Blast furnace at a Thyssenkrupp plant in Germany
A blast furnace at a Thyssenkrupp plant. The company in the past year has promoted the potential of its green hydrogen electrolyser business © AFP via Getty Images

Like a phoenix rising from the ashes of its steel blast furnaces, Germany’s industrial conglomerate Thyssenkrupp has a hopeful future. That offers relief to long-suffering shareholders. The stock price has halved since 2017. In Thursday’s full-year results, a rebound in steel profitability deserves attention. But it is a proposed hydrogen spin out that catches the eye.

After a rough few years, even Thyssenkrupp’s small operating profit of €796m compared favourably to last year’s loss of €1.76bn. European steel provided much of that.

In Europe, commodity steel products have doubled in price in the past 12 months. Thyssenkrupp feels positive about the year ahead. It is targeting an operating profit of up to €1.8bn, to which steel should contribute more than half.

But Thyssenkrupp’s dependence on carbon-intense steel is unsustainable. In the past year, it has promoted the potential of its green hydrogen electrolyser business. Known un-zingily as Uhde Chlorine Engineers, this is a smallish unit within its lossmaking Multi Tracks division.

Thyssenkrupp should give more details about any initial public offering timeline at its January investor conference. Late last year, the company told analysts that UCE generates up to €300m in revenues.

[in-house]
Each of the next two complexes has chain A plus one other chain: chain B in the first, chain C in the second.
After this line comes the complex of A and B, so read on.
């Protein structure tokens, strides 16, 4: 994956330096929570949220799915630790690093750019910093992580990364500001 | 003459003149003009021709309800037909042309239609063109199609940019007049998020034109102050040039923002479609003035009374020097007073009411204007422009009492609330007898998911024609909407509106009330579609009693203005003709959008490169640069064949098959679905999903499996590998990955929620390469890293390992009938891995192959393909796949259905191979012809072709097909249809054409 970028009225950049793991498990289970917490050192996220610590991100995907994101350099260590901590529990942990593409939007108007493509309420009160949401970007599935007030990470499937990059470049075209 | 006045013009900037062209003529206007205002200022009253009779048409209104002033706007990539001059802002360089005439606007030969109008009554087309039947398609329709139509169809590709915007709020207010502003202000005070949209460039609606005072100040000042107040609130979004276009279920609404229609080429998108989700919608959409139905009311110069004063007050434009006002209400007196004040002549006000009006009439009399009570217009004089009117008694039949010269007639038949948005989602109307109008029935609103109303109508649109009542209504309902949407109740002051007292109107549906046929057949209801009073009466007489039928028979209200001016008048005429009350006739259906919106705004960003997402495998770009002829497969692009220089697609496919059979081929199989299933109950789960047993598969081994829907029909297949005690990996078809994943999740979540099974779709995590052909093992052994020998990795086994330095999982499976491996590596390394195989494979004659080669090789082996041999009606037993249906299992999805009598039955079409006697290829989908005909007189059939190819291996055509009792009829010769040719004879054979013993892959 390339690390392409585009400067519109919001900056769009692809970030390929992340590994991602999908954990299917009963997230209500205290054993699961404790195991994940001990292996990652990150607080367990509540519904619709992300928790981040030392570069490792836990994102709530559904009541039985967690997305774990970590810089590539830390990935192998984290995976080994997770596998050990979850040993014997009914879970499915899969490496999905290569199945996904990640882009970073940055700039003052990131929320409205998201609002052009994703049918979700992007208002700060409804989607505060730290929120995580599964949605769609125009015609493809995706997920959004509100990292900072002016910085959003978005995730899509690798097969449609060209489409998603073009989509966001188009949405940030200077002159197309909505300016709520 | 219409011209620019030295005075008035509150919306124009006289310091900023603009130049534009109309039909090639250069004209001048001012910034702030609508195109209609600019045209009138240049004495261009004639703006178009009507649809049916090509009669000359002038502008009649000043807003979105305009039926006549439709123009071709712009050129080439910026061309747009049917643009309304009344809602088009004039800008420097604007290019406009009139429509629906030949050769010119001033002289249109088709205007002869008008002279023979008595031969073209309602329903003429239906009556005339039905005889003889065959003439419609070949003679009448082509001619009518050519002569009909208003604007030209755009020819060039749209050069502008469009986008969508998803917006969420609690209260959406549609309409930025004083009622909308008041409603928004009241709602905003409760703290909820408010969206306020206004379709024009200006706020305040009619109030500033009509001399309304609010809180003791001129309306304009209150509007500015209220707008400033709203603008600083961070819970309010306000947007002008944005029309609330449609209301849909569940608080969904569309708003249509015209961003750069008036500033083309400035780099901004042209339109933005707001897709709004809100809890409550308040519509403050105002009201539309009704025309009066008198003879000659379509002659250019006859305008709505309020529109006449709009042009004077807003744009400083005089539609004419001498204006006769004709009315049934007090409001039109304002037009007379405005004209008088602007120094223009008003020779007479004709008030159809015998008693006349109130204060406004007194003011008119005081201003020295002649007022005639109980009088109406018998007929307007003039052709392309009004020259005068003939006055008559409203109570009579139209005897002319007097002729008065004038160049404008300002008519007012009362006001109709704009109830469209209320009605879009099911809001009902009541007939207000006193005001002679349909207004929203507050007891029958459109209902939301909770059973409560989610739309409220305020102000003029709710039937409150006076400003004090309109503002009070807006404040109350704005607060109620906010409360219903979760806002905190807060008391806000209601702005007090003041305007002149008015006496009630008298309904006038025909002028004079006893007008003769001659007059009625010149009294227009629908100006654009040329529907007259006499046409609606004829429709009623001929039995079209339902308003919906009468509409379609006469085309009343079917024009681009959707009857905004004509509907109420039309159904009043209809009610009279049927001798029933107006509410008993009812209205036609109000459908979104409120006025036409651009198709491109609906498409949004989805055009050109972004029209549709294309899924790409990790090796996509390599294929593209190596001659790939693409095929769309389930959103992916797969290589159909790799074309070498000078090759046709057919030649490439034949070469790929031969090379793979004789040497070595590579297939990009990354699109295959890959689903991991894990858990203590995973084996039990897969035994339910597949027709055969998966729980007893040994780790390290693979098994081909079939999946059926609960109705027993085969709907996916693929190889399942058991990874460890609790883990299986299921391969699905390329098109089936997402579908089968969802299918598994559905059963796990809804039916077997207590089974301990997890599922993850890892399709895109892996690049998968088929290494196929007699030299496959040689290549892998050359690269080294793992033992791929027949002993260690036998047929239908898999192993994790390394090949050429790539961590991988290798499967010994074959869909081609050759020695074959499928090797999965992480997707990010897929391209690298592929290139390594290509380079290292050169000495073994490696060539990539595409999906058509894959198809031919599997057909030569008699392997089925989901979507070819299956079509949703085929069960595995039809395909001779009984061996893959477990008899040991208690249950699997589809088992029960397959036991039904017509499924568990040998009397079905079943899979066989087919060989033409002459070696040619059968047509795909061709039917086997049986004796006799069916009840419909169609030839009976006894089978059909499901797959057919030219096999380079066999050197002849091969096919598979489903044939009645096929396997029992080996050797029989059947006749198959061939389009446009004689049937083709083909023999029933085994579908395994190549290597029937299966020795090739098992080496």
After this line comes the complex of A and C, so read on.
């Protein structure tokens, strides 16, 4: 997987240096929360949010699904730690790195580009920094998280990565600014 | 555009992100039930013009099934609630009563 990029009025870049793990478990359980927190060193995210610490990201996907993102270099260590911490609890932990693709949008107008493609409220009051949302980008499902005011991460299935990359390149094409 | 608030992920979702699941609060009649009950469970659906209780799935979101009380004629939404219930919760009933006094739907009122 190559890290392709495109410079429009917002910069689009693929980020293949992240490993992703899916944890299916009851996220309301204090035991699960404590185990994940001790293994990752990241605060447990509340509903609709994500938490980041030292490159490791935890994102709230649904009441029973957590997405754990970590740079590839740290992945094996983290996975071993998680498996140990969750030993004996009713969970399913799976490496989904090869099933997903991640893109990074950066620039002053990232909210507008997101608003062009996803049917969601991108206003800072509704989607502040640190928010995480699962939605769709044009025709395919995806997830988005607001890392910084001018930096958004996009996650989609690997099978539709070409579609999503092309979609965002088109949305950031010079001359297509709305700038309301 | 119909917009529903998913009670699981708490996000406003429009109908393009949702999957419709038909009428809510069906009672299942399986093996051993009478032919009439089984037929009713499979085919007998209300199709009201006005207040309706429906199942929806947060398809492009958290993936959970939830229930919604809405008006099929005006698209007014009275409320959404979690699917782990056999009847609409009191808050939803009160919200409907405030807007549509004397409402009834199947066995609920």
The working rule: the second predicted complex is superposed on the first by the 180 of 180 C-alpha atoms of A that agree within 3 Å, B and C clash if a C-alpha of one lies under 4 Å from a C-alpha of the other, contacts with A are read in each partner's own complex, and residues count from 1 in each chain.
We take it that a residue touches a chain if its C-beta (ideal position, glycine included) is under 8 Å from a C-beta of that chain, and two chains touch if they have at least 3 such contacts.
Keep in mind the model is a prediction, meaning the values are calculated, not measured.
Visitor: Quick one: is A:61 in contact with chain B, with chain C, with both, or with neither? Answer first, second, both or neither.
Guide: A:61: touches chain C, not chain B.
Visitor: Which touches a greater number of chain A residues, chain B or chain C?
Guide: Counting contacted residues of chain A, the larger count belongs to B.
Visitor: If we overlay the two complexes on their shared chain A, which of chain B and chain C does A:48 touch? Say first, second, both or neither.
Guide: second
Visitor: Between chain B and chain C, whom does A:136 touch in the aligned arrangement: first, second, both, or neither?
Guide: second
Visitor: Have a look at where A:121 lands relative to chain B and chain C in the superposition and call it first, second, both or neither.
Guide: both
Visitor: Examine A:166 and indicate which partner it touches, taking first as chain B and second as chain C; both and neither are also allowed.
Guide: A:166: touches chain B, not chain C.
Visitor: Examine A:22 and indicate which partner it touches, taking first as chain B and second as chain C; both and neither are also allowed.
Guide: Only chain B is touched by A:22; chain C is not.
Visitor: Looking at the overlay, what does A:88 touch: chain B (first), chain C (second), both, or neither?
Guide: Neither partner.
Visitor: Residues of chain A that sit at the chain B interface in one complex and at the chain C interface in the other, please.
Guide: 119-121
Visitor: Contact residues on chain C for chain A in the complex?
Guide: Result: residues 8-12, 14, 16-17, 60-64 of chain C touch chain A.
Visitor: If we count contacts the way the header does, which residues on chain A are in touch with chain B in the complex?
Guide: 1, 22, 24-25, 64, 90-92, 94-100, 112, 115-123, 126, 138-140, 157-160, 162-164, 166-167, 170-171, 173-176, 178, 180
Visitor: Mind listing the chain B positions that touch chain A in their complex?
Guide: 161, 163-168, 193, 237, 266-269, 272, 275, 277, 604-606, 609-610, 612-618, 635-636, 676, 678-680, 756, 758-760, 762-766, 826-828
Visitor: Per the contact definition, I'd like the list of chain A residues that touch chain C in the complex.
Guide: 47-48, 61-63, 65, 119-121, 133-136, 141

That will grow if European plans for more than 40 gigawatts of hydrogen electrolyser capacity by 2030 are fulfilled. This year, only about 200 megawatts are in place according to Hydrogen Europe, almost all making grey hydrogen, made from polluting natural gas.

A valuation of €5bn has been mooted for UCE. Thyssenkrupp only owns about two-thirds of this business, so about €3.3bn of valuation would go to the conglomerate. That looks pretty good against the group’s market value of €6.7bn.

Bulls at Bank of America believe UCE can achieve a €500m to €1bn top line, which is at least achievable medium-term. Compared with ITM Power, a UK-listed electrolyser maker trading at 125 times its top line, UCE might just qualify for a €5bn valuation.

Thyssenkrupp, once deeply out of favour, has captured the market’s contradictory enthusiasms for a commodity rally today and an energy transition tomorrow. Judging from this week’s 22 per cent leap in its share price, the latter has made the biggest difference.

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